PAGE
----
Today’s Word from Pastor Jim…

It has been my privilege, a sacred honor, to be at the deathbed of so many, to experience final moments, and a final breath. Pastor Dan Erlander, my friend, mentor, and partner in ministry at TLC for a decade, shared a deathbed experience with me. He said that as he was keeping vigil at the deathbed of a hospitalized parishioner, he moved closer to touch the man’s forehead, making the sign of the cross. Suddenly the man’s breathing became labored; it seemed clear to Pastor Dan that the end was near. Dan inched even closer, reading the 23 Psalm. He said that it was then, in labored tones, the man uttered his final words on this earth. “Pastor you are standing on my oxygen cord.” It was of course a joke, but he had me going until the end.

My first deathbed experience was at Billings Hospital in Chicago where my grandmother was dying of AIDS. She had been my constant companion, babysitter, and friend for the first 22 years of my life. We gathered around her bed, and she just closed her eyes, no final words to remember or treasure.

On a dark and cold Whidbey winter evening a decade ago, I drove to Whidbey General Hospital to be with Trudy Paulin. Trudy was a woman of faith, she had fought the good fight, death was near, but not an enemy; she was not afraid. We held hands, I read scripture to her, and we prayed. She then stroked my hand and said, “It is nasty outside, you go home now, be safe driving, and hug your girls.” I kissed her on the forehead and she smiled; Trudy died shortly after I departed.

When one is at the very end of this earthly journey words are not wasted, words are precious and chosen with care. At the end of his life, just moments before his arrest, Jesus gave his disciples a new commandment, “Love one another, as I have loved you, so you must love one another.”

Moses gave us 10 Commandments. Those 10 Commandments became the foundation for the legal codes embraced by countries across the world. Jesus did not discount any of the 10 Commandments, but he did consolidate them into one: love, love one another, as I have loved you.

This one commandment cannot be understood without two tiny, sometimes overlooked, words: “As I.”

We are to love as Jesus did. Jesus loved by serving, healing, touching the untouchable, listening, washing feet, forgiving, and ultimately by giving his life. He did not let a series of civil and religious laws obscure the rule of love. Love one another as I have loved you. The Apostle Paul understood this love to include patience and kindness.

The 10 Commandments given by Moses had become 613 religious laws by the time that Jesus was born. The law had taken on a life of its own; it was a cruel, judgmental taskmaster that unnecessarily restricted the lives of God’s people. Would it be possible for you to remember, must less keep, 613 laws? On his deathbed Jesus condensed the 10 Commandments and 613 laws into a single command. Jesus did not mince words. The command was to love, to love as he loved.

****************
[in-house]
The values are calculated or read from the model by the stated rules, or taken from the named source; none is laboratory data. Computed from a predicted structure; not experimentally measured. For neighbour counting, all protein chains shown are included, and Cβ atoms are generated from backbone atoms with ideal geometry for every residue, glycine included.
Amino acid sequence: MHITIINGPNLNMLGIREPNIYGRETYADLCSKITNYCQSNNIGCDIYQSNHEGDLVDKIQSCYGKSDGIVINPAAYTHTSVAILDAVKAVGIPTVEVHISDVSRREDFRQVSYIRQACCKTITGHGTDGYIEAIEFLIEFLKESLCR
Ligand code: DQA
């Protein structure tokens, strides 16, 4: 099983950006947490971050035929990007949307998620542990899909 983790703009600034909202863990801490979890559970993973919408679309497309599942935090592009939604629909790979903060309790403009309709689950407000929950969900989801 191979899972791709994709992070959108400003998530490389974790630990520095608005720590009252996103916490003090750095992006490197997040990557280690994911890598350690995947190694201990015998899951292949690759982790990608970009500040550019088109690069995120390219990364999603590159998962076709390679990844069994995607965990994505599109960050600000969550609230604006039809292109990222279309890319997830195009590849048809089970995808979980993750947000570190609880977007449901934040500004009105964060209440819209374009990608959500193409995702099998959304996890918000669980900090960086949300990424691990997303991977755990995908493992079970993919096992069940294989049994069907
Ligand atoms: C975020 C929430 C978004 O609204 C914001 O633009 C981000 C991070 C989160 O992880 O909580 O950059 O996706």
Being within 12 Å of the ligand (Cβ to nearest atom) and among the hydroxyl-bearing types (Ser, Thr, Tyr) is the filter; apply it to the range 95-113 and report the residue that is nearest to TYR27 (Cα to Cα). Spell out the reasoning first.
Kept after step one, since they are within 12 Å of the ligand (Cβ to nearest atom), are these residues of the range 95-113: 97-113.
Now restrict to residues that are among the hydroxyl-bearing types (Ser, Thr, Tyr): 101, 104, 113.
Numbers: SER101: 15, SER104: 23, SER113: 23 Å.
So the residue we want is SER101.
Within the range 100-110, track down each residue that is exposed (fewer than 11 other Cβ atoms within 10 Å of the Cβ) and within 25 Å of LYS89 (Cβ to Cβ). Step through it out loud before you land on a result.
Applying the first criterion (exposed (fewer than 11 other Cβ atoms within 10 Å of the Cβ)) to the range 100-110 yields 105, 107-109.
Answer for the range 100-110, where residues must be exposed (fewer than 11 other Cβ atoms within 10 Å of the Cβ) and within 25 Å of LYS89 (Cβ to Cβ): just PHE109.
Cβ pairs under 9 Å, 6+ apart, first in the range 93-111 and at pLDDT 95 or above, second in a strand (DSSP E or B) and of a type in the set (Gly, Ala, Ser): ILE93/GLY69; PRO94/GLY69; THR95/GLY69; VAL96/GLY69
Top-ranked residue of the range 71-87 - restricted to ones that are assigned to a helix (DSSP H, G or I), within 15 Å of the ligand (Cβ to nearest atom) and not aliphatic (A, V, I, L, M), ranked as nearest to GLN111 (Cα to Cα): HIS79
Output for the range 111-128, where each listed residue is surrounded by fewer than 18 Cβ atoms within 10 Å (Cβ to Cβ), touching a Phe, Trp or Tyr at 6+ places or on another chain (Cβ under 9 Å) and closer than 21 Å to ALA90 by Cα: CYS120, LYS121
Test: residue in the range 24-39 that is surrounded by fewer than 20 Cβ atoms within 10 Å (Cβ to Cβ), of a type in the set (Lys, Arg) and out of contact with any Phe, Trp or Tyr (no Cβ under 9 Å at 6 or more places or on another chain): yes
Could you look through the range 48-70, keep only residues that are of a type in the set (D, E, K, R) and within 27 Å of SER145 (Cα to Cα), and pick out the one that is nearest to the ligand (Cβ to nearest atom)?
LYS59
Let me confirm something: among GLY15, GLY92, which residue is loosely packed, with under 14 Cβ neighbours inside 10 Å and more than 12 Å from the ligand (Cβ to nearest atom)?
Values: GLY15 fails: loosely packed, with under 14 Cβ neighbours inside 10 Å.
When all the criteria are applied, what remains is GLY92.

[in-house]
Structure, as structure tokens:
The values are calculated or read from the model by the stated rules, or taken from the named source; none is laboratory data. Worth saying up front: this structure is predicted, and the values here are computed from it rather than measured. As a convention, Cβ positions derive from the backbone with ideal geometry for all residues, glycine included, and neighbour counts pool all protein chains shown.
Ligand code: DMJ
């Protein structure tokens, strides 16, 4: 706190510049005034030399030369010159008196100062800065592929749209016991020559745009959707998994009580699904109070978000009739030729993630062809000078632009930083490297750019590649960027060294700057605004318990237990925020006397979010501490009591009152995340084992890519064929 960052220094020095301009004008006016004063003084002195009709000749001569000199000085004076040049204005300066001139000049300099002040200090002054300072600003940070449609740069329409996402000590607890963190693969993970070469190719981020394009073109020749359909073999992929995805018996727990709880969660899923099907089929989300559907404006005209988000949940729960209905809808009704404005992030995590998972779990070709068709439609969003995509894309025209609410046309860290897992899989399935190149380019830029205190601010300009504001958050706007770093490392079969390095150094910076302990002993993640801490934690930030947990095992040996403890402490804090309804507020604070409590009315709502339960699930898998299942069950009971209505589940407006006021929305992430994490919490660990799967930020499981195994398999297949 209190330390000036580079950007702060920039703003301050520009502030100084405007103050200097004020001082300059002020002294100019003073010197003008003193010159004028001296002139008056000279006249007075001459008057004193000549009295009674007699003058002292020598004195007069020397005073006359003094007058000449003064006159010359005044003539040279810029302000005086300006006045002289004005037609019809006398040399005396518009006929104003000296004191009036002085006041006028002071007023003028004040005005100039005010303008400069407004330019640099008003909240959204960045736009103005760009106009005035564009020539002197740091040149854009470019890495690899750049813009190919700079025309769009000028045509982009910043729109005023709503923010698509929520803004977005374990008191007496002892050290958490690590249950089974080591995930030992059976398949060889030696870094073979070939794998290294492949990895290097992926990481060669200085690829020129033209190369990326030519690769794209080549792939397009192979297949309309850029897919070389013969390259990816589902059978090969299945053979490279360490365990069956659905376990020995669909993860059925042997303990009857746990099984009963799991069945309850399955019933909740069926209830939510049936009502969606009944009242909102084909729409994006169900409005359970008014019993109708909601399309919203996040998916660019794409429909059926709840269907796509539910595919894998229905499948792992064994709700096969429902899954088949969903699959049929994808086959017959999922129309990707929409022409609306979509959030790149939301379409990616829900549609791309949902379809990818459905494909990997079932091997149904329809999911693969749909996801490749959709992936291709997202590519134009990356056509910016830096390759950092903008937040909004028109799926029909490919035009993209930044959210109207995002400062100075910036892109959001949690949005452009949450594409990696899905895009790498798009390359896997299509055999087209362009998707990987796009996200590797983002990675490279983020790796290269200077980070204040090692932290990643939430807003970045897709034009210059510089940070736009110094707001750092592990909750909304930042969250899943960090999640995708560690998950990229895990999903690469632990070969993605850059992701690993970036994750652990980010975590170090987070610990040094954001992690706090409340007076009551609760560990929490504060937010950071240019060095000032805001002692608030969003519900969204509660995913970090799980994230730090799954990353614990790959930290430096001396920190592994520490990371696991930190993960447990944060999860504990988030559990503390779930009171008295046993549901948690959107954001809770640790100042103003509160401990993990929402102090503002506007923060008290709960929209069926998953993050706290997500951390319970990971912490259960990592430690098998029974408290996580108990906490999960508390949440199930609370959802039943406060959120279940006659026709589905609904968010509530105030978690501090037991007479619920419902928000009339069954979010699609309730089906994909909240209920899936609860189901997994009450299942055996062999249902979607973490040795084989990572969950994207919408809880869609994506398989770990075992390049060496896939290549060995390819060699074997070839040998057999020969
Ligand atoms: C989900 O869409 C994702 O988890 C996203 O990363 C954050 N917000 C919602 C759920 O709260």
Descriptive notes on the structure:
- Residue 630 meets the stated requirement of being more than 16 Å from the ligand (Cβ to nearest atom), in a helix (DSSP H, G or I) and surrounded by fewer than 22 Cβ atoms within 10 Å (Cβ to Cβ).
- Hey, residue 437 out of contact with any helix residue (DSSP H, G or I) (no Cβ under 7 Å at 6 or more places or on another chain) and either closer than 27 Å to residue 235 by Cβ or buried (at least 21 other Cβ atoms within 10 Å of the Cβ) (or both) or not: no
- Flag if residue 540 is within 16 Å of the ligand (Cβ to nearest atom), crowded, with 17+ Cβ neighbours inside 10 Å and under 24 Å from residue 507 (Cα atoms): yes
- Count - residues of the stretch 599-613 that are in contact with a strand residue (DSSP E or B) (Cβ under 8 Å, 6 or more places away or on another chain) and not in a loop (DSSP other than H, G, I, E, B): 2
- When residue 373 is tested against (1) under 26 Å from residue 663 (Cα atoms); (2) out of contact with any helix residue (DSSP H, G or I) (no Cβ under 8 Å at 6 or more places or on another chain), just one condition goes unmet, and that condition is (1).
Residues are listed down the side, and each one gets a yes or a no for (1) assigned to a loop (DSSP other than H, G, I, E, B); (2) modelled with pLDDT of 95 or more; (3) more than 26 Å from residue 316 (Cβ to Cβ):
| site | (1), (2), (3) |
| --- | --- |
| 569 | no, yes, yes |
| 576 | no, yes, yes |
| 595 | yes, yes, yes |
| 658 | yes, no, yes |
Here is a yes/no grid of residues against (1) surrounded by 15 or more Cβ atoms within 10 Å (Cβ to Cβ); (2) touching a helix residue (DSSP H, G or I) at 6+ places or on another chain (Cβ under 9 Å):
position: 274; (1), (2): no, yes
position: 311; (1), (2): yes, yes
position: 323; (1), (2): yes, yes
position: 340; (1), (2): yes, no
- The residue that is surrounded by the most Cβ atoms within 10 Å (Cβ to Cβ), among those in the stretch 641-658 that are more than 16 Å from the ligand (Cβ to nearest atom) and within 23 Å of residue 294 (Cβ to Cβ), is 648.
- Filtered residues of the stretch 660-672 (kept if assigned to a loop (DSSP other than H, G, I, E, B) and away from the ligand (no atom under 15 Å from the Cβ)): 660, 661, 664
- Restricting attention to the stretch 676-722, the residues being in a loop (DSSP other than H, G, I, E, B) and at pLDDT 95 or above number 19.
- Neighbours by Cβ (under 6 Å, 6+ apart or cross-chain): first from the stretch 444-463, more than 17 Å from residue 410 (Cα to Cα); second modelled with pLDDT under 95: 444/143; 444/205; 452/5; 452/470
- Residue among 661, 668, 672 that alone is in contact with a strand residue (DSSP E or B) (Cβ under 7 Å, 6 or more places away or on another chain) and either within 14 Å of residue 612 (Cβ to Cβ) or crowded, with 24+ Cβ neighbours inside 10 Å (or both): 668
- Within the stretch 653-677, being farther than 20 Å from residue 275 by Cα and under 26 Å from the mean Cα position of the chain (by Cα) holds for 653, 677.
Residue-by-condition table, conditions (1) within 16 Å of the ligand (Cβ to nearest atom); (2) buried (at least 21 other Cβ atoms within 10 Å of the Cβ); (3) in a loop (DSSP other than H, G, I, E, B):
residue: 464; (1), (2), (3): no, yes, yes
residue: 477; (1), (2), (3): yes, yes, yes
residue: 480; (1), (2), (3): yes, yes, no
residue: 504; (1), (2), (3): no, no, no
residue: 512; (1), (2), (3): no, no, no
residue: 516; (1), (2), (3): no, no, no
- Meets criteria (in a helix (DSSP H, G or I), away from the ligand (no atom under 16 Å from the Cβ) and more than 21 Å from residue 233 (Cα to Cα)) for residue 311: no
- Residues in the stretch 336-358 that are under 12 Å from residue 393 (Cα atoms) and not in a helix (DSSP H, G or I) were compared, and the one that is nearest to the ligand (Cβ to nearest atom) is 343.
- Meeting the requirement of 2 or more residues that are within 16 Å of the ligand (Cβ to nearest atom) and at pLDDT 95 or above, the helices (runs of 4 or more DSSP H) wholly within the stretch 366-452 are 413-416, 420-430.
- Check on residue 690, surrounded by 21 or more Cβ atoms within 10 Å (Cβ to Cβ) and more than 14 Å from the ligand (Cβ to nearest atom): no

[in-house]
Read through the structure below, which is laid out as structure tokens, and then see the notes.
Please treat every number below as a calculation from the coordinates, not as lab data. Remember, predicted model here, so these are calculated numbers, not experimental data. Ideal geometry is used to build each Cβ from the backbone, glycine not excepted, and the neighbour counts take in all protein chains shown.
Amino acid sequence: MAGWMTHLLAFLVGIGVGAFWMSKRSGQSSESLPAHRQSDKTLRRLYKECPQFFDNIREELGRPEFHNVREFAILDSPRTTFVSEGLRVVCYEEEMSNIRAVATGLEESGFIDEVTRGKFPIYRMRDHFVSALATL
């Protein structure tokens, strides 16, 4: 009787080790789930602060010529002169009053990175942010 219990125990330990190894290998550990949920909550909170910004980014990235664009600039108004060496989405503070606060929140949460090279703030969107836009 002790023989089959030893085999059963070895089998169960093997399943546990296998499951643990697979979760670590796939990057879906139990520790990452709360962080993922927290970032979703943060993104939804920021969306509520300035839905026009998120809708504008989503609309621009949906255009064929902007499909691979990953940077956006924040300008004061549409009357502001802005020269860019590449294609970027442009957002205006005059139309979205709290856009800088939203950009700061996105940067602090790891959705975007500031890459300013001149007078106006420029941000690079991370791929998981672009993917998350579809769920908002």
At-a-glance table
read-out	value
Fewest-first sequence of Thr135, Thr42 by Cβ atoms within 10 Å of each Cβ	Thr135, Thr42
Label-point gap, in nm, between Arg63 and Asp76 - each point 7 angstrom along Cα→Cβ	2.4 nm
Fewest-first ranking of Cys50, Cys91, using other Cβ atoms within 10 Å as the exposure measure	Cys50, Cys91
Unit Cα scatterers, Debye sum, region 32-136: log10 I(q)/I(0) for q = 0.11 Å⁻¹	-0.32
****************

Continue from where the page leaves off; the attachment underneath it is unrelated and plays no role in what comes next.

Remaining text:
The great Seattle born theologian and guitarist Jimi Hendrix famously said, “When the power of love overcomes the love of power, the world will know peace.”

Our world is troubled, not more troubled than it was in the 1960’s, not more troubled than it was in Jesus’ day; the world has always been troubled. We are not in a position to cure all the ailments of this world. We are not able to stop the waring madness of power-hungry dictators and politicians. We cannot, on our own, solve the crisis at our Southern border, the political unrest in Africa, or the evil of white supremacy.

That reality does not negate the call of Jesus to love. Our lives should still be guided by God’s theological North Star; this commandment to love AS Jesus loved. We are not helpless, far from it, we have at our disposal the very power that conquered the Roman Empire. We have the power that comes from God, and that power is love. “Love,” not armies, conquered the Empire; love conquered the same Empire that put Jesus on a cross.

To love AS Jesus loved is the command; that has not changed in 2,000 years. The love that is commanded is a choice to be made each day. This deathbed insight can illuminate a pathway to a more abundant life. The choice is yours, each morning, with each encounter with spouse, friend, or stranger. Can we make the choice to love? Can we be known for our patience, kindness, acts of charity and forgiveness?

A new commandment I give you, “Love one another, as I have loved you, so you must love one another.”

“When the power of love overcomes the love of power, the world will know peace.” – Jimi Hendrix.

One beggar telling another where to find bread, I am your,

Pastor Jim

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